Of the 82 participants who completed the study, 76 completed cognitive assessments before and after 6 months of treatment. Equivalent analyses did not reveal any significant impact of treatment on any of the cognitive subtests: Block design perceptual (M = .13, SD = .25, Sum(x) = 10, p = 0.65, Fig. 5), Matrix perceptual (M = −0.14, SD = .19, Sum(x)=11, p = 0.5), Vocabulary verbal (M = 0.29, SD = .28, Sum(x) = 22, p = 0.37), Similarities & Information verbal (M = 0.04, SD = 0.22, Sum(x) = 3, p = 0.91), or Coding processing speed (M = 0.22, SD = 0.18, Sum(x) = 11, p = 0.24).

Fig. 5: Change in cognitive sub-test scores pre/post treatment.
figure 5

Block design perceptual test, matrix perceptual test, vocabulary verbal test, similarities & information verbal test, coding processing speed test. Asterisk: significant change (p < 0.05, randomization test). Black diamond: mean. Bold line: median.

Next, we examined the relationships between the SRS, Vineland, and ADOS, which measure similar ASD symptom domains in different manners (Fig. 6). There were significant correlations between scores from the socialization sub-scale of the Vineland and the SRS social scale both before (r(55) = −0.42, p = 0.001; Fig. 6) and after treatment (r(55) = −0.44, p < 0.001). However, there were no significant correlations in pre-post treatment changes across the two scales (r(55) = −0.015, p = 0.27) indicating low reliability in parental reported changes across the two measures.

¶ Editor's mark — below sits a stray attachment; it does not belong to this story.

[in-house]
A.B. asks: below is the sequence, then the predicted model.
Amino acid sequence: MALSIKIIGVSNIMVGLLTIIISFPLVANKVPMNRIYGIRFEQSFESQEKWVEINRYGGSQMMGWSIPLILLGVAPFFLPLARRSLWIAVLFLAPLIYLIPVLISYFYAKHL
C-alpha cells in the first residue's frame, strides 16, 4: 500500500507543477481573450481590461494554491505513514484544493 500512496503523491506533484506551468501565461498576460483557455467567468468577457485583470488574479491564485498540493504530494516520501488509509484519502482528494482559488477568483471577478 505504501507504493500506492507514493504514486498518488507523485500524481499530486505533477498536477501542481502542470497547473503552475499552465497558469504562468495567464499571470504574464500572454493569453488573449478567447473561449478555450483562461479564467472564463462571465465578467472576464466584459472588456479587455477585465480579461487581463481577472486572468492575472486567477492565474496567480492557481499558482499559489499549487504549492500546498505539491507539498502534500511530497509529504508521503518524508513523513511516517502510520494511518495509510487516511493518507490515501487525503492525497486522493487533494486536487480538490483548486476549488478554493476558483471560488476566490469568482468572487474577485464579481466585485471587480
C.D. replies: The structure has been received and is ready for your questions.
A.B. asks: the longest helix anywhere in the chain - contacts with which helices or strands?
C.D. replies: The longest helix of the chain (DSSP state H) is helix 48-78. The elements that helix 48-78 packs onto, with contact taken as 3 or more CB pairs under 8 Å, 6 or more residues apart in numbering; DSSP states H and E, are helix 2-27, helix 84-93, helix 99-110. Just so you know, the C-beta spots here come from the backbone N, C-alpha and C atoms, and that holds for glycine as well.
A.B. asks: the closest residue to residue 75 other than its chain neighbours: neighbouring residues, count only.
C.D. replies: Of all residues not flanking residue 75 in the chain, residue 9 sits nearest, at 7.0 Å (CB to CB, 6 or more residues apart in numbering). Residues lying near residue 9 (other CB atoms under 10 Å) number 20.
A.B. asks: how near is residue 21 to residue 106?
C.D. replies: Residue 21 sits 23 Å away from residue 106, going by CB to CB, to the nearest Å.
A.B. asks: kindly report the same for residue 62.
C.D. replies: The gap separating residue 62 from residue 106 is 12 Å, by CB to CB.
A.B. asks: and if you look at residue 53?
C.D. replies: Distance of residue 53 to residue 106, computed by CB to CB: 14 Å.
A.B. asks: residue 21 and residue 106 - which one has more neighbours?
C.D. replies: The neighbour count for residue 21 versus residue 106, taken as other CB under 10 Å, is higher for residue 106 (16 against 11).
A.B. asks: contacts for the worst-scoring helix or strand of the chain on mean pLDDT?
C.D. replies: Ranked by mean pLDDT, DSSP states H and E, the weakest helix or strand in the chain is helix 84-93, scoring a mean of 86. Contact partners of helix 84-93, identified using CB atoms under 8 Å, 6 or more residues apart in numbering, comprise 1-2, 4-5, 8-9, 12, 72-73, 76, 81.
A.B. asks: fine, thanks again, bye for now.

Fig. 6: Relationship across different measures of social communication skills.
figure 6

Scatter plots demonstrate the relationship between: A Initial Vineland socialization and SRS social scores; B Final Vineland socialization and SRS social scores; C Pre/post change in Vineland socialization and SRS social scores. D Initial SRS social and ADOS-SA CSS scores; E Final SRS social and ADOS-SA CSS scores; F Pre/post change in SRS social and ADOS-SA CSS scores. G Initial ADOS-SA CSS and Vineland socialization scores; H Final ADOS-SA CSS and Vineland socialization scores; I Pre/post change in ADOS-SA CSS and Vineland socialization scores. Asterisk: significant correlation (p < 0.05). Gray line: linear least-squares fit.

Similarly, there were significant correlations between the ADOS-2 SA CSS and the Vineland socialization sub-scale scores before (r(67) = −0.28, p = 0.02) and after (r(67) = −0.3, p = 0.01) treatment, but there was no correlation in pre-post treatment changes across the two scales (r(67)=−0.07, p = 0.56). There were no significant correlations between the ADOS-2 SA CSS and SRS social scores before (r(54) = −0.14, p = 0.3) or after (r(54) = −0.15, p = 0.28) treatment and no correlation in pre-post treatment changes across the two measures (r(54) = 0.04, p = 0.77). This demonstrates low reliability between parental and clinical reports of changes in the severity of social symptoms following treatment.


Our results revealed significant improvements in overall ADOS-2, SRS, and Vineland scores of the ASD participants who completed the 6-month treatment protocol with CBD-rich cannabis. Overall changes were mostly driven by improvements in social communication skills that were apparent in ADOS-2 SA CSS (Fig. 1), SRS social scores (Fig. 3), and Vineland communication and socialization scores (Fig. 4). Significant improvements in RRB symptoms were apparent only in parent reports with the SRS (Fig. 3) and not in clinical reports with the ADOS-2 RRB CSS (Fig. 1). Regression analyses revealed that participants with more severe initial symptoms as measured by ADOS-2, Vineland, or SRS scores, exhibited larger improvements following intervention (Fig. 2) regardless of their age or final cannabis dosage. Treatment did not have a significant impact on any of the examined cognitive sub-tests (Fig. 5), indicating that cannabis treatment did not have a positive or negative impact on cognitive abilities.